BRAZIL: On October 16 changes to planned legislation intended to facilitate investment in the rail sector by private entrepreneurs were published in the Official Gazette. This followed a vote by National Congress on October 4 and signature by President Luiz Inácio da Silva on October 11.

The changes relate to the Railway Law passed in December 2021 which was intended to provide a faster and more flexible way for private companies or consortia to implement railway construction and investment projects. They deal with 19 sections of the law and reverse a number of vetoes that had been imposed by former President Jair Bolsonaro.

The relevant articles in the legislation relate to documentation on technical, economic and environmental feasibility studies, capacity issues, and the technical and operational conditions for sharing of railway infrastructure.

Another change confirms that a rail operator may only refuse to carry cargo if the refusal is justified on the grounds of insufficient track capacity, failure to meet the contracted conditions for transport, or lack of availability of rolling stock and ancillary services.

In certain circumstances a concessionaire will be entitled to ‘rebalancing’ of economic and financial arrangements when authorisation is granted for ‘provision of transport services within their area of influence’. This may take the form of a reduction in the value of a grant, an increase in the tariff ceiling, abolition of the obligation to invest or an extension of the contractual term.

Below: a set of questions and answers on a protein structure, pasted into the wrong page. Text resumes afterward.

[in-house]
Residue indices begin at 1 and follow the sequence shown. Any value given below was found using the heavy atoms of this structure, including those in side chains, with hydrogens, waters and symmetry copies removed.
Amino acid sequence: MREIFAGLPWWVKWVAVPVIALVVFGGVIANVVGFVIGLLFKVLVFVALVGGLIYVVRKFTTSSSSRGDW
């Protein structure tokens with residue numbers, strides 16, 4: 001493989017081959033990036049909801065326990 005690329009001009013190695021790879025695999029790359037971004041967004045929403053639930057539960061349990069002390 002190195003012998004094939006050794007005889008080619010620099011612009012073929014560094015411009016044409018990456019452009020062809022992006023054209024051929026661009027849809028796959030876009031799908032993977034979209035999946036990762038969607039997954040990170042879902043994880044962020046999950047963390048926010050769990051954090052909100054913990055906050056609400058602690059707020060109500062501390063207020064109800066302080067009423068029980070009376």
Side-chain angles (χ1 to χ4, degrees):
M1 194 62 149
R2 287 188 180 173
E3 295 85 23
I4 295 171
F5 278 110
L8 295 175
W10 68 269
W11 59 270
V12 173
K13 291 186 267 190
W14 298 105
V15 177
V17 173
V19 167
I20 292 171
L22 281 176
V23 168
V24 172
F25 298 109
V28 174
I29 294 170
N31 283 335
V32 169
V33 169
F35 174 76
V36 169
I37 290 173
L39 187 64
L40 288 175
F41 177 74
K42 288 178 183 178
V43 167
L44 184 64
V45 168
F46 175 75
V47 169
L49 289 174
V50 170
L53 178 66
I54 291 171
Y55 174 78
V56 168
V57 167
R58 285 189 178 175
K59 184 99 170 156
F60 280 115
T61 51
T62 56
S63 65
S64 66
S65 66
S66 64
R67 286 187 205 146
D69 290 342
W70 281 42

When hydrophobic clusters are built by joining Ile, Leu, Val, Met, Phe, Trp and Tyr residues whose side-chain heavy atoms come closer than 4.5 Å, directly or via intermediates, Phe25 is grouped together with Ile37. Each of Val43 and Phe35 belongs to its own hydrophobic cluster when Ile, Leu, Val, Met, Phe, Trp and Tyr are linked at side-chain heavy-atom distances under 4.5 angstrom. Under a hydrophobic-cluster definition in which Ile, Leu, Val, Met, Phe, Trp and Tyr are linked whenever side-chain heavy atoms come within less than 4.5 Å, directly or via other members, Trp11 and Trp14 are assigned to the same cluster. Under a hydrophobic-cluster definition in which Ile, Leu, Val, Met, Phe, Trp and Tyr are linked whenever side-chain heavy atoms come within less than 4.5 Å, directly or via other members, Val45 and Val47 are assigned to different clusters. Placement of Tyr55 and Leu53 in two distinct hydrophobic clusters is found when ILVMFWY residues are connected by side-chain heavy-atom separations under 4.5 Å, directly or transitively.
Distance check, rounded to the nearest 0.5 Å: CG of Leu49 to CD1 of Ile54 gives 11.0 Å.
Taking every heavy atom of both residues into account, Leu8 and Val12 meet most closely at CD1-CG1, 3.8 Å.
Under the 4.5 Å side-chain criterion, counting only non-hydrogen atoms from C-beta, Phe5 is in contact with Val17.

Another change applicable during the first five years of validity of the law concerns proposals for railways within the area of influence of an existing concession. In these circumstances the concessionaire will have the ‘right of preference to obtain authorisation under the same conditions as those contained in the application of the original proposers or those filed in the winning proposal’. The relevant area of influence would be defined by the railway regulator who would grant the concessionaire 15 days to confirm its interest in exercising the right of preference.

The changes were welcomed by Vicente Abate, President of railway industry association Abifer, who said that they offered legal security for private investment in the sector. ‘They will contribute to improving the business environment in the railway sector’, he affirmed, but he also warned of the need to avoid excessive bureaucracy that could lead to long delays in projects being granted approval.